Wiring the Subwoofer

There are two choices here if you are wiring yours up to an amplifier; in series or parallel.

Wiring in parallel is relatively straightforward as you just need to connect the positive leads from the subwoofer to the amplifier’s positive terminal, and the negatives leads to the negative terminal.

The benefit of parallel wiring is that you will reduce the resistance (impedance) thus will enhance the amplifier’s power.

Series wiring involves connecting the subwoofer’s positive leads to the amplifier’s positive terminal, but the difference is then that you connect the negative terminal of one subwoofer to the positive terminal of the second subwoofer.

Once that’s done, connect the second subwoofer’s negative terminal to the amplifier’s negative terminal. You then have to connect the amplifier to the pontoon boat’s battery with a power and ground wire.

If you have a power subwoofer, you will need to buy an amplifier kit for power, lead, and ground wires. Those wires will need to be connected to your pontoon’s system and battery.

What is the Best Subwoofer for a Pontoon Boat?

There are two different types here. You can get the powered ones where you don’t need to connect them to an external amplifier, or you can buy an unpowered one which will need an external marine amplifier in addition.

It’s also possible to buy specialist enclosed marine subwoofers which are bass tubes. These are completely water resistant and look like cylinders, that have the subwoofers built-in to them. You can probably pick up a subwoofer on Amazon for well under $200.

Here are just three that I recommend you check out, all of which have great online reviews. I believe these are the best you can buy.

Bazooka BTA6100 BT Series 100 Watts (Enclosed for Marine Use)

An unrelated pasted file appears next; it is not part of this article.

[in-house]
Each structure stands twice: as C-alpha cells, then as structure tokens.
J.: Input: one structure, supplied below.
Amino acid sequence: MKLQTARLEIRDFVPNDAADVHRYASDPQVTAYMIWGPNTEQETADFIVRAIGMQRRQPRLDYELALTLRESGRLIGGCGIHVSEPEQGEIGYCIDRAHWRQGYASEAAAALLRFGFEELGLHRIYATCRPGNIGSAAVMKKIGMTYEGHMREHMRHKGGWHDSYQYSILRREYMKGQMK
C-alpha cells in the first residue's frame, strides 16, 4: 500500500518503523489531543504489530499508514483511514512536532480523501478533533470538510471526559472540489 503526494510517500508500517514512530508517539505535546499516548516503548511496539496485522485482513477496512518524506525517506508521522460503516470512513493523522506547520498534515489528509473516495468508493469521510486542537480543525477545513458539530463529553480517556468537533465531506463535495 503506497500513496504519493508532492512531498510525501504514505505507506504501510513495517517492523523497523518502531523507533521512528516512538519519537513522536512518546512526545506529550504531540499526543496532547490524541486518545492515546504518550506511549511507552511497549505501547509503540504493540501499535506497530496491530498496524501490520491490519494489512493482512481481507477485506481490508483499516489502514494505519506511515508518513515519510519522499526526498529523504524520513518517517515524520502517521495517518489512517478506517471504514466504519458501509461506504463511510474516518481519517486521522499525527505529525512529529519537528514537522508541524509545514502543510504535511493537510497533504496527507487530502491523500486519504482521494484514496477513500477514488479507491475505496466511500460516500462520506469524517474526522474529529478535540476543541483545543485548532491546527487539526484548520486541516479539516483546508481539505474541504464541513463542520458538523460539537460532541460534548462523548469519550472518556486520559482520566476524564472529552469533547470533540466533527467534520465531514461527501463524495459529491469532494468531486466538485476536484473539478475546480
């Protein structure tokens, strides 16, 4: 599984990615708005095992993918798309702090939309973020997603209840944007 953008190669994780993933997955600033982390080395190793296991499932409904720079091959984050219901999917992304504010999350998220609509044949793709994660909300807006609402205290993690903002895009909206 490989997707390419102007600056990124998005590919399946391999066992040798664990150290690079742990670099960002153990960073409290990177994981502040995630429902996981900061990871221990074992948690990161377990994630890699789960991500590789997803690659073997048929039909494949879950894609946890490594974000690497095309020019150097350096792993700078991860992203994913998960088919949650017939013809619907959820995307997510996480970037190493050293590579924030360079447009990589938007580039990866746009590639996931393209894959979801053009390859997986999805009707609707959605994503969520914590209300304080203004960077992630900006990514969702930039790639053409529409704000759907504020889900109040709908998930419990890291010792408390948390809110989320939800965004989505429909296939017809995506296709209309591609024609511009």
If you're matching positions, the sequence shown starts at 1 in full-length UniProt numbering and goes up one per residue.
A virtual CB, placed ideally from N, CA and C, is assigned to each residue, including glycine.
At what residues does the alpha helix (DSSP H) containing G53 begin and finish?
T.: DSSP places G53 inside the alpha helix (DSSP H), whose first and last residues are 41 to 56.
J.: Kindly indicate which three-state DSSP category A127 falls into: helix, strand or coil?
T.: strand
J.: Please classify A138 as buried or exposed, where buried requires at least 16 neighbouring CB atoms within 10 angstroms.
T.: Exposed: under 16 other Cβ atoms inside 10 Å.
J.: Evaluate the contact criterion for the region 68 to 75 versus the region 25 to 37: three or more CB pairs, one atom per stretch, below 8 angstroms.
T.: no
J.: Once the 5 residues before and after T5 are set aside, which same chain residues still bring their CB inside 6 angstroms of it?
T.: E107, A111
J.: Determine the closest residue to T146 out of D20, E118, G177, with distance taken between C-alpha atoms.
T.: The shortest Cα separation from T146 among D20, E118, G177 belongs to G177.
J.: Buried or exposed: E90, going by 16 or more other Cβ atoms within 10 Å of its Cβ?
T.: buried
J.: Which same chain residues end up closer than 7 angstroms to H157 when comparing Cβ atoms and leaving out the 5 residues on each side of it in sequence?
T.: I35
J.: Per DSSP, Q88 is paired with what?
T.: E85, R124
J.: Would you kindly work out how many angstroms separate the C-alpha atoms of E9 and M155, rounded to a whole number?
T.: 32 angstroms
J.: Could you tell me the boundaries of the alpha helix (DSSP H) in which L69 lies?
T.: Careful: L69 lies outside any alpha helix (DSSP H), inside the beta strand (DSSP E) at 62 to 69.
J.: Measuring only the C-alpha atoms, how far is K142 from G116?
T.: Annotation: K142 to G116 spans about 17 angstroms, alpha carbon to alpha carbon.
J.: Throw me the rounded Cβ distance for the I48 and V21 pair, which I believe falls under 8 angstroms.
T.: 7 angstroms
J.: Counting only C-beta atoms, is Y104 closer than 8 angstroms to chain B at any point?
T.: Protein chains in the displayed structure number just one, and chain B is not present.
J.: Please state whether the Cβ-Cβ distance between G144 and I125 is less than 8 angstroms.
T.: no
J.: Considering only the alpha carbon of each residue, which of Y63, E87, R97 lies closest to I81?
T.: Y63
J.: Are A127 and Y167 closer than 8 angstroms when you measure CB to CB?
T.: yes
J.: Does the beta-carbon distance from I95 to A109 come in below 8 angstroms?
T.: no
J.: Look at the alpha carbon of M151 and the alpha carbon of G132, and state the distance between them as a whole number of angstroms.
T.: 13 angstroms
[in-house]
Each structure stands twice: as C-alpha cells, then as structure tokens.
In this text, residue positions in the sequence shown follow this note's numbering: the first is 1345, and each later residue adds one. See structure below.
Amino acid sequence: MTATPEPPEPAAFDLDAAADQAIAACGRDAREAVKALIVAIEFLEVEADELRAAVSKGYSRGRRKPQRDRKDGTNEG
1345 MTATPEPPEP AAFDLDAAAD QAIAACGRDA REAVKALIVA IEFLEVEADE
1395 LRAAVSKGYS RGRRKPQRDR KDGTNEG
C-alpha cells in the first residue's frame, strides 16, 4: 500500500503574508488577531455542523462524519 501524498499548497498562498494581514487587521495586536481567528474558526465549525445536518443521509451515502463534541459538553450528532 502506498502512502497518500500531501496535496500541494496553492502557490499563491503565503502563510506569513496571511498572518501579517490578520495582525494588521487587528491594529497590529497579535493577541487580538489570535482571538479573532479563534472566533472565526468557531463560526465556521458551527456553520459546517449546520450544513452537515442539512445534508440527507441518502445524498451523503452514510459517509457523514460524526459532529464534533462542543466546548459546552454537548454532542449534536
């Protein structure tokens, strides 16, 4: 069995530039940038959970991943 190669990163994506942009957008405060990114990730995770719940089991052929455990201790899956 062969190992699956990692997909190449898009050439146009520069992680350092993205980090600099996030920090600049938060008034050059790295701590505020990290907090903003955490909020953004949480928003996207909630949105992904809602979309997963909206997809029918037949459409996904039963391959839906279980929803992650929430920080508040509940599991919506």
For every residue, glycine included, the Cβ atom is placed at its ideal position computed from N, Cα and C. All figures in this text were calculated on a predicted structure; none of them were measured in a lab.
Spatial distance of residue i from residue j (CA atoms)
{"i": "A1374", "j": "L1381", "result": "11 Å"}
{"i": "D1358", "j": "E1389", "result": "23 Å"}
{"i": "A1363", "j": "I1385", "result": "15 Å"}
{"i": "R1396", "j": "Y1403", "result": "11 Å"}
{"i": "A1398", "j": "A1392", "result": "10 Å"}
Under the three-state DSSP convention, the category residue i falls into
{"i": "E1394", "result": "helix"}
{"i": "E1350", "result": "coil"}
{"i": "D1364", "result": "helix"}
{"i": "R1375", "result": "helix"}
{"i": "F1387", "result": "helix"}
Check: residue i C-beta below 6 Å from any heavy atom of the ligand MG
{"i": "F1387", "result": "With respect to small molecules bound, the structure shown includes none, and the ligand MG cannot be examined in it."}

The best self-powered pontoon boat subwoofer I have seen I action is called a Bazooka tube (view on Amazon).

It is a 6-inch bass tube that are enclosed in a treated foam surround, outputting 100 watts. It comes straps for secure mounting and an on-board 2 channel amp, so you don’t need an additional amplifier when installing this one.

I like the enclosed marine subwoofers as they don’t require as much space, and you won’t have to build your own wooden MDF sealed box as described earlier in this article.

Bazooka 250 Watt Bass Tube (Enclosed for Marine Use)

For something with a little more power, I still recommend Bazooka as they seriously are the best enclosed marine subwoofers in the business. The 250 watts product will be more expensive (view on Amazon), but you’re going to get a far better bass sound.

They also look a load better than the cheaper model, with optional chrome plated UMS brackets if you want to spend a little bit more money.

Alpine Marine SWR-M100 300 Watts (Not Enclosed)

If you want subwoofers that aren’t enclosed, and you’re going to be building your own box using the method I outlined earlier, then there’s one product I recommend. You’ve probably heard of Alpine as they have a great reputation in the automotive market, but they now do specialist marine subwoofers.

The SWR-M100 (view on Amazon) is great value and offers superb sound quality with 300 watts of sound. The bass experience is just like what you might hear with a high-quality car stereo set-up.

Lastly: Be Respectful of Other Water Users

Whilst having a great sound system on your pontoon can really help to get the party started, please do I try and respect other users out boating.

Sound really does travel over water; for example, you can hear someone having a conversation from sometimes half a mile of a way on a still day. So, think about how the bass is going to travel with a subwoofer.

I’ve been out just by myself fishing for a quiet day on a lake, and you can hear boats with subwoofers coming from 5 miles away sometimes when they’ve got that bass volume pumping. It’s a bit annoying and not very respectful.

Rather than fit a subwoofer, you could instead invest in a better sound system which doesn’t require one.